Jason’s Law Survey Shows Truck Parking Remains a Challenge

Trucks parked at a rest area by Peggy Smith
Trucks parked at a rest area off Interstate 81 in Virginia. (Peggy Smith/Transport Topics)

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A five-year update to a major parking availability survey for truck drivers had more participants and collected more data than the prior survey, but the bottom line is pretty much the same: There remains an overall critical shortage of parking spaces for truck drivers.

The good news was that from 2014-19, the number of truck parking spaces nationwide increased 6% in public areas and 11% in private areas, according to the Federal Highway Administration. FHWA’s survey included truck drivers, state departments of transportation, commercial vehicle state enforcement agencies, truck stop operators and owners, and port authorities.

The survey was made public at a teleconference Dec. 1.


Jeff Purdy at the Transportation Research Board's annual meeting in January 2020. (Eleanor Lamb/Transport Topics)

But the harsh reality is that most states continue to report that not many new public facilities or spaces are being developed, and challenges exist in planning, funding and accommodating truck parking, according to a presentation by Jeff Purdy of the FHWA Office of Freight Management and Operations.

In addition, there is a need for more business models and research and discussion, as well as local government involvement, Purdy said.

“Truck parking shortages are still a major problem in every state and region,” Purdy said. “Major freight corridors and large metro areas have the most acute shortages.”

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Purdy said truck drivers report that shortages exist at all times of day, week and year, mostly overnight and weekdays, but the survey showed that the problem has generated more awareness among stakeholders.

The Jason’s Law 2019 survey and assessment concluded that overall, about 313,000 truck parking spaces were available nationally — 40,000 at public rest areas and 273,000 at private truck stops.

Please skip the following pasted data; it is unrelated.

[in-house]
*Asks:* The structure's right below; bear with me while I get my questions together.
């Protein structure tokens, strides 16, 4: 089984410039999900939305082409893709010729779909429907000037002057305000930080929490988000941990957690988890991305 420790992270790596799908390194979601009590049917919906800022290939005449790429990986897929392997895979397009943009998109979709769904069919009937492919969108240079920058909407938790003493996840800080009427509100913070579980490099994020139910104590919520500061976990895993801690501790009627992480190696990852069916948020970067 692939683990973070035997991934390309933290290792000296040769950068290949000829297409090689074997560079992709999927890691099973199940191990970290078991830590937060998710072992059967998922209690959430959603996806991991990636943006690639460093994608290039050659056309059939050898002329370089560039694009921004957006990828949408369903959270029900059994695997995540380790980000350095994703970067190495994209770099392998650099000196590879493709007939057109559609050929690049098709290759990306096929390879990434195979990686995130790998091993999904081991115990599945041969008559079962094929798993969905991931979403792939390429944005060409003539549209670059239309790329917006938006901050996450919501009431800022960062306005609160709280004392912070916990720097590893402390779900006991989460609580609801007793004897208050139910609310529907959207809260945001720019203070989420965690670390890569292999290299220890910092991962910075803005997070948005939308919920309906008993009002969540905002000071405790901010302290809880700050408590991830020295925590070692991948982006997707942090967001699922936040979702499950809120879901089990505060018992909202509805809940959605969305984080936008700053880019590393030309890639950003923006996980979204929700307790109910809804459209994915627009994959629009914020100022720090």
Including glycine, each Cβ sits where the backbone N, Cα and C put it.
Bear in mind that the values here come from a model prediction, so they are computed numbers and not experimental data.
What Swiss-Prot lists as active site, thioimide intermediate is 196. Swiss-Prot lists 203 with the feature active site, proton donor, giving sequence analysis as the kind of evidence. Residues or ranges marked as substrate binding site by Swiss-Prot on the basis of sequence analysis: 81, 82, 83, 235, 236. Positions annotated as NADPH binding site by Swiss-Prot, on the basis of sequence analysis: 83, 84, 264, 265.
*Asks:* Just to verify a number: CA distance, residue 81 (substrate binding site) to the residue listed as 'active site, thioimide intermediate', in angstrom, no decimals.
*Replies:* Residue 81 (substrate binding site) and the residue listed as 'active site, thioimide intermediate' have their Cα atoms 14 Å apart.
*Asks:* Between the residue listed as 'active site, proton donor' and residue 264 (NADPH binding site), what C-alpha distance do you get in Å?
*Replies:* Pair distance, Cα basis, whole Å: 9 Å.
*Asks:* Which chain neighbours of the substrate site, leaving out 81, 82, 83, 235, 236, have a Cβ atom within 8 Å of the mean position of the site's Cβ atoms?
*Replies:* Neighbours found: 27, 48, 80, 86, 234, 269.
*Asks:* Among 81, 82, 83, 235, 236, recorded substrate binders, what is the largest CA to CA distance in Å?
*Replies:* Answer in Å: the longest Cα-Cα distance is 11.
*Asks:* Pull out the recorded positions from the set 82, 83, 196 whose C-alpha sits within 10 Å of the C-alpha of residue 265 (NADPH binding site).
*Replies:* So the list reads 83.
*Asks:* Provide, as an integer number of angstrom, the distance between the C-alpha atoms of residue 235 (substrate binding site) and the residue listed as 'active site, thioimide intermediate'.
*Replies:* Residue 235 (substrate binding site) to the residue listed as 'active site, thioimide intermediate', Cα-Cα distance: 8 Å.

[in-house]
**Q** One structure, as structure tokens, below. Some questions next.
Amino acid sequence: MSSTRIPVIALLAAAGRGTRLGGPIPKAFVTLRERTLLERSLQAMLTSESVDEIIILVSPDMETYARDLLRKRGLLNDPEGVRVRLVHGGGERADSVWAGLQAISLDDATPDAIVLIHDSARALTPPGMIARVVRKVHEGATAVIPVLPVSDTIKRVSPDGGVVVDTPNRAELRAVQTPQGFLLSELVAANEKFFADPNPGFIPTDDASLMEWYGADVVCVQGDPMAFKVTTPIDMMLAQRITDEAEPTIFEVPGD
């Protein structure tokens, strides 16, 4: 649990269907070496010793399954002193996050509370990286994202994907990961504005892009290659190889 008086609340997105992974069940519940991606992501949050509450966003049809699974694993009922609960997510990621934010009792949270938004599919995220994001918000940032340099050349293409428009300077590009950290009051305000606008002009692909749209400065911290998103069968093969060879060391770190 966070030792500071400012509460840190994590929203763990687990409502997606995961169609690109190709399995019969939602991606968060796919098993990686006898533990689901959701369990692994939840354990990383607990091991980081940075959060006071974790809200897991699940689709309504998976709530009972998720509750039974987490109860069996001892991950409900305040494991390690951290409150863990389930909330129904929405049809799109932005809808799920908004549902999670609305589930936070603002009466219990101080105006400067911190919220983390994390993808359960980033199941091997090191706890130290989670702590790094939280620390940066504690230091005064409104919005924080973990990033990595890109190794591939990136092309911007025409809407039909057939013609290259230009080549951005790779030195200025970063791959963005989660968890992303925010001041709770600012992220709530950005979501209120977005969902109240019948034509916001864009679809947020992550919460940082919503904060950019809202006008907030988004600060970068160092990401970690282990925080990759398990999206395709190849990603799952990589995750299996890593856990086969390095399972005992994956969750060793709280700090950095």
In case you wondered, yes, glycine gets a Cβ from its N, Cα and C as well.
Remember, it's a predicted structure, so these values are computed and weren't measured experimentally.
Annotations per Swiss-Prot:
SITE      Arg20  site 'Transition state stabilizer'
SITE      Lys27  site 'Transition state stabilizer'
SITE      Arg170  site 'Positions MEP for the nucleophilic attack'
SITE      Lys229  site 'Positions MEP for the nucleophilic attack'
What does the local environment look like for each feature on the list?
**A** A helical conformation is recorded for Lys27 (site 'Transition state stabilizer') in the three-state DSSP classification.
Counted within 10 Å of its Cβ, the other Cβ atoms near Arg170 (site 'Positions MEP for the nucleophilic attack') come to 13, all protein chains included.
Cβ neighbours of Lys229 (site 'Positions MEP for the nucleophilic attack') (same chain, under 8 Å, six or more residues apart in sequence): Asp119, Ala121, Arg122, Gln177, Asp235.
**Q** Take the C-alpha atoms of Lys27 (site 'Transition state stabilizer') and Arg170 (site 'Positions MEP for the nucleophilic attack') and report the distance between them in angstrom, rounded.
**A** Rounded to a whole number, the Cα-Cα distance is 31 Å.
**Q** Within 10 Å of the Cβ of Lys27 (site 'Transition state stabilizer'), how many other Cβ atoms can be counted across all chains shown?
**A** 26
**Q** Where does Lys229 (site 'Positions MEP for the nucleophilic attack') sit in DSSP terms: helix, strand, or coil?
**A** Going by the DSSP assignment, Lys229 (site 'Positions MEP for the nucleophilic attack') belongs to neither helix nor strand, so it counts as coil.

The law is named for truck driver Jason Rivenburg, who in 2009 was unable to find a safe location to park and resorted to stopping at an abandoned gas station in South Carolina, where he was attacked and murdered. The survey is a requirement of the 2012 Moving Ahead for Progress in the 21st Century law.

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Jason’s Law was established to provide a national priority on addressing the shortage of long-term parking for commercial motor vehicles on the national highway system and improve safety. All 50 states and 11,600 drivers participated in the new survey, an increase from 8,000 in the 2014 report.

The new survey includes areas of shortages similar to 2014, those along Interstate 95 in the Northeast and Mid-Atlantic, and in the Chicago area and California.

However, new shortages emerged in additional locations since 2014, including throughout the entire I-95 corridor, Pacific corridors, states surrounding the Chicago region and other major freight corridors.

Unofficial/unauthorized parking continued to occur mostly on ramps and highway shoulders, and between 7 p.m. and 9 a.m., the survey showed.

About 98% of drivers reported problems finding safe parking, with challenges in every state and region. The most frequently reported periods for truck parking shortages by drivers were from 4 p.m. to 5 a.m. Monday through Thursday and from October through February.

Truck stop operators surveyed said their facilities operated at more than 100% capacity overnight, weekdays, and from May to October. The overwhelming majority said they do not plan to add more parking, do not monitor parking, offer reservations and do not charge for parking.

The top five states with the most spaces relative to miles are Indiana, Louisiana, Ohio, Kentucky and Oklahoma.



“I really hope that the next administration will continue to treat the issue with the seriousness that it deserves,” said Darrin Roth, vice president of highway policy for American Trucking Associations, speaking at the FHWA meeting.

“It’s not just about the safety of truck drivers, and those who share the road with them,” Roth said. “And it’s not only about the fact that truck drivers lose thousands of dollars in wages because they have to shut down early to find a safe place to rest, or about the billions of dollars added to the nation’s freight bills due to lost activity. It’s about all these things.”

He added, “It’s no wonder that the annual American Transportation Research Institute survey finds year after year that the parking shortage is one of truck drivers’ top concerns.”

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